I can't see myself (or any other president) sitting on this stool for two seven-year terms. It's not easy carrying the aspirations of twenty million people on your shoulders for four years. Just compare my pre-presidential pictures to my current pictures. I have greyed faster within the past four years than I did in the ten years preceding my ascension to the Black Star Stool. You will also realize that I now have more creases on my face than I did in 2000. It's all because the job is tough. It will be an unnecessary risk for any man to think that he can democratically rule this country for two seven-year terms. Anyone who tries it will die of stroke or hypertension or a combination of the two. Jerry Boom couldn't have ruled this country democratically for 14 years. It is easier for a dictator to rule for long periods of time because his actions are not questioned and he wields absolute power. Not so for a democratically-elected president whose every action is scrutinized. I can't have my every action examined and questioned by 20 million people for 14 years. This is a very simple truth the framers of the constitution grasped very well. That's why the term limit was pegged at four years. The framers of the constitution also settled on four years because they knew that when the president sticks around for much too long, he becomes disingenuous, despotic and utterly stupid. Four years is just good enough.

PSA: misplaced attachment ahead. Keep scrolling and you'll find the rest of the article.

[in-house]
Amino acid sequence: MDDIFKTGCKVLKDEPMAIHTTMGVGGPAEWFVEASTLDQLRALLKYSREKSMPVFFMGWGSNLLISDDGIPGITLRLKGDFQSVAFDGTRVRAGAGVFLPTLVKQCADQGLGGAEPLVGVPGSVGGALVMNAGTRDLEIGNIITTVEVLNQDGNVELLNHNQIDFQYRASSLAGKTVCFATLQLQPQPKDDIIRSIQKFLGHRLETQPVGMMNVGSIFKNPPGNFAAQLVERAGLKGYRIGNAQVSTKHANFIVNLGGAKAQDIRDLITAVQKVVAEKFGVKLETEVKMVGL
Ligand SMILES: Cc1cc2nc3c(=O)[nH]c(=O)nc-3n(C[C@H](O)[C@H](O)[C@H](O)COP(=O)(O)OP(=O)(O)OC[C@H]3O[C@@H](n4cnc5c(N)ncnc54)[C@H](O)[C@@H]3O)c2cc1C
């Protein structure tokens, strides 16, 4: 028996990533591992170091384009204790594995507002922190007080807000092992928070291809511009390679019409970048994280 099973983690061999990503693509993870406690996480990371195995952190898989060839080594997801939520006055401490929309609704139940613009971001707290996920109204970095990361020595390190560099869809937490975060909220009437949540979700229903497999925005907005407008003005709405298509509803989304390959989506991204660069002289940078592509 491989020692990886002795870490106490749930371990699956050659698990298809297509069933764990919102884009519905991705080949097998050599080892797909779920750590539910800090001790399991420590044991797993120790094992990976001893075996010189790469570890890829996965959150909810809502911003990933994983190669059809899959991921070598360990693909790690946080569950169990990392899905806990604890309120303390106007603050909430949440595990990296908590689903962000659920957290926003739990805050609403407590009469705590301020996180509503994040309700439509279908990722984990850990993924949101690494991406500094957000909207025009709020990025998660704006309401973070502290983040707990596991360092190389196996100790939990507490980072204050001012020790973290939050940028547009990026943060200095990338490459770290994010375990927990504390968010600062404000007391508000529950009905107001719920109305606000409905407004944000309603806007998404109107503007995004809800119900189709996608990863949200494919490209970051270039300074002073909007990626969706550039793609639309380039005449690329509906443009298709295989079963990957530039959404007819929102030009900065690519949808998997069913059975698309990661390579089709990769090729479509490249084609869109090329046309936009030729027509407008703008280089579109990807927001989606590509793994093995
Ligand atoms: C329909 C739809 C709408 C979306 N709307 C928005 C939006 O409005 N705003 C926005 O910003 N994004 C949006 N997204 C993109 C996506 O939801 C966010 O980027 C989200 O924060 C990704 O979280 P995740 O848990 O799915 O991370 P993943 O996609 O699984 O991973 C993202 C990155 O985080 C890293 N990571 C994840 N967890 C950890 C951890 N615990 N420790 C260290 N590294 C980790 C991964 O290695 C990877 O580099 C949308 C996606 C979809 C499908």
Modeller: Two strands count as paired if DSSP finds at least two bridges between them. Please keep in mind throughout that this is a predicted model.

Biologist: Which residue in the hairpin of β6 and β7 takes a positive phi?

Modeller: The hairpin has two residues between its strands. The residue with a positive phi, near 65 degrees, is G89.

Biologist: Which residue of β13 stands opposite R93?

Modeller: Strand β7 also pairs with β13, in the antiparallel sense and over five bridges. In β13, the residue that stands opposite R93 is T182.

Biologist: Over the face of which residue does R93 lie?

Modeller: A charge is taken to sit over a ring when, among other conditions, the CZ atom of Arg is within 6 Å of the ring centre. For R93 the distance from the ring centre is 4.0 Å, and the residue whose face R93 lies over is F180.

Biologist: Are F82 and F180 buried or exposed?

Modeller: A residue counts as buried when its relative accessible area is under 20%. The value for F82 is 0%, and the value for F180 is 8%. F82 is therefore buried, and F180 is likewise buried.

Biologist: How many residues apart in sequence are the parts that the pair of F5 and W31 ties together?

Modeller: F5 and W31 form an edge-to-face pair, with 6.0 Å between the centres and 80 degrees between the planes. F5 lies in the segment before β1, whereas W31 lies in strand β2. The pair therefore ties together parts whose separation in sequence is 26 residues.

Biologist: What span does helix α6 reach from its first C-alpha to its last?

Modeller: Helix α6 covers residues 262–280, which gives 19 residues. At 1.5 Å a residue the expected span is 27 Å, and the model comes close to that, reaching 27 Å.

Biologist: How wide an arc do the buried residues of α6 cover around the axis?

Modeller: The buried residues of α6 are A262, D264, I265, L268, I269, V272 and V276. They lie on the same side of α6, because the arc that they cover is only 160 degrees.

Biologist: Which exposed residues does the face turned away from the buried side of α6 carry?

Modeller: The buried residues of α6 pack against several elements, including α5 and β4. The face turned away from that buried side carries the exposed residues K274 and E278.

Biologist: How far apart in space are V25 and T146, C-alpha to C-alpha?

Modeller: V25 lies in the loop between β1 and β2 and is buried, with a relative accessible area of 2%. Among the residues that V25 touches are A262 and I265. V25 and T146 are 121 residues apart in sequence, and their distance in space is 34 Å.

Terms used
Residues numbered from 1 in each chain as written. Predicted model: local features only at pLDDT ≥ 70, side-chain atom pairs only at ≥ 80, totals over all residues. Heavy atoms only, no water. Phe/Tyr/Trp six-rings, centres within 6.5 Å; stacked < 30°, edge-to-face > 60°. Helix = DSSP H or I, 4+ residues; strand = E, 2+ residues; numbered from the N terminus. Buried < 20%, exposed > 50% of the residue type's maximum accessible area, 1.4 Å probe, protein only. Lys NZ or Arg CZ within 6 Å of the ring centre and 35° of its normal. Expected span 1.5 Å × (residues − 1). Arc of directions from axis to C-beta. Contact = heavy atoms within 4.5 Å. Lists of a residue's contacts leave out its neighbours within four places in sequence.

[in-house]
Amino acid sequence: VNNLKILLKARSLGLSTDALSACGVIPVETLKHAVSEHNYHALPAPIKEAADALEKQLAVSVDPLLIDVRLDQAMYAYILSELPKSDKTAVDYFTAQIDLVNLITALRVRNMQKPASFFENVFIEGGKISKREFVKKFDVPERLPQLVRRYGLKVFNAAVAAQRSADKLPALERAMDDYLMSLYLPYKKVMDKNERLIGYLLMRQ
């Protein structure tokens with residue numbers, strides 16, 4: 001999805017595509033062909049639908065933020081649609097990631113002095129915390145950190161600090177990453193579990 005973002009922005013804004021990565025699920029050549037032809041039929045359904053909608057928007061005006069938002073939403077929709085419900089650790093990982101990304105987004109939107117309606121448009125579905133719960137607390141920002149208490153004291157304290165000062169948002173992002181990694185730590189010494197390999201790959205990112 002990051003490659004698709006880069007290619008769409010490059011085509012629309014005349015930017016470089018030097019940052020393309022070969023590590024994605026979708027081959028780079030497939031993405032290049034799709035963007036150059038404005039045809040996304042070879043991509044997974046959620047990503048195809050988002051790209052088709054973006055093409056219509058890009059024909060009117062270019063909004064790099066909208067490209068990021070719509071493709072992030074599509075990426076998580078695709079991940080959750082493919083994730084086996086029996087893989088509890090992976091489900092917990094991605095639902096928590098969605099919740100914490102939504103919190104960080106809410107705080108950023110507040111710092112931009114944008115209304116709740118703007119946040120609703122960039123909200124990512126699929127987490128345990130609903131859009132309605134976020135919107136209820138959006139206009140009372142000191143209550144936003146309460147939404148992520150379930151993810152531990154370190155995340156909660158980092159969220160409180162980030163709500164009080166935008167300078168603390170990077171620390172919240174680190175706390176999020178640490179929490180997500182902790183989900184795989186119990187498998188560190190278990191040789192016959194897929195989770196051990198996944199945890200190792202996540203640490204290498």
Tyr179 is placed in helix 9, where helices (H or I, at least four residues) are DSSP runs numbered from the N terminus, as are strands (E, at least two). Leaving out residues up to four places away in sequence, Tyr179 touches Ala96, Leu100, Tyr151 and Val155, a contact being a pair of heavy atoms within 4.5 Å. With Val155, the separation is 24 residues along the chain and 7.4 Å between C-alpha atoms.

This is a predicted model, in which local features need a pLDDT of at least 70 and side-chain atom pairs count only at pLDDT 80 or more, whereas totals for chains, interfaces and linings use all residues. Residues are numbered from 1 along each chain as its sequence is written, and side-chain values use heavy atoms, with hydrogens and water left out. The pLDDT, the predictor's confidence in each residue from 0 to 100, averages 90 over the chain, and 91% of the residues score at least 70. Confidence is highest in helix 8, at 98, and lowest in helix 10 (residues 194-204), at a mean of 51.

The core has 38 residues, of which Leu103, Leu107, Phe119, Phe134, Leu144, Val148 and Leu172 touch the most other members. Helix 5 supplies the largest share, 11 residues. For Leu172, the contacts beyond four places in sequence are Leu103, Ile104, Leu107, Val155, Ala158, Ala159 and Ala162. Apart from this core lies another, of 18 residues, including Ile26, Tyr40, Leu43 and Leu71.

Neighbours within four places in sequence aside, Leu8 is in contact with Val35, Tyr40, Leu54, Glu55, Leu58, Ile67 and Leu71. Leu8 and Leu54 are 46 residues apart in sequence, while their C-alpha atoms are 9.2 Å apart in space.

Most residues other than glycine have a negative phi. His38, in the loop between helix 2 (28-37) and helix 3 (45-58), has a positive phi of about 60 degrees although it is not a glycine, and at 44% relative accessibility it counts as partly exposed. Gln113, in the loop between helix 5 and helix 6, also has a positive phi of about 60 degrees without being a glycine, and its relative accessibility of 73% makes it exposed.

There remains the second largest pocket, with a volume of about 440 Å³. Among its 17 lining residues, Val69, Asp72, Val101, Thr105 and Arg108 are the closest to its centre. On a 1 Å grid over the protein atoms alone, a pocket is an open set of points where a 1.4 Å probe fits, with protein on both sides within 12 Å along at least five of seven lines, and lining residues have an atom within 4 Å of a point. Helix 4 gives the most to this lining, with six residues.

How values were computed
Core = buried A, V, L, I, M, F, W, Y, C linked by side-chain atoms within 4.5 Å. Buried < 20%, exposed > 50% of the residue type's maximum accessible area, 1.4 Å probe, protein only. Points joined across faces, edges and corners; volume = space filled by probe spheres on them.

From my experience, every president with a clear vision can achieve what he wants within four years – no more. If I had maintained my focus in my first term, I would have done the right things and achieved my objectives within four years. I was busy globetrotting and doing some petty things to show the citizens of this country that I was better than Jerry Boom even as I committed the same mistakes he made. But I've learnt my lessons and I hope to do well in this second term. If I had done right in the first term, this second term will have been just a bonus term for me to look back at my successes and bask in the praises you would have been showering on me. I did well in my first term, I think, but I could have done much better. A smart president can do in four years, what a silly president cannot do in forty years. It's as simple as that. I also want to point out that people generally don't like seeing the same guy in the presidency for too long. People like the idea that after every four years they will be given an opportunity to decide whether to change a president (or the ruling party). Four years, is usually around the corner and so people don't mind waiting. Seven years is a very long time and asking the people to wait that long to exercise their franchise is just a recipe for disaster. People start thinking of staging coups when they know that if they don't take drastic action to get rid of a wayward, incompetent president, he would stick around for much too long and wreak even more havoc.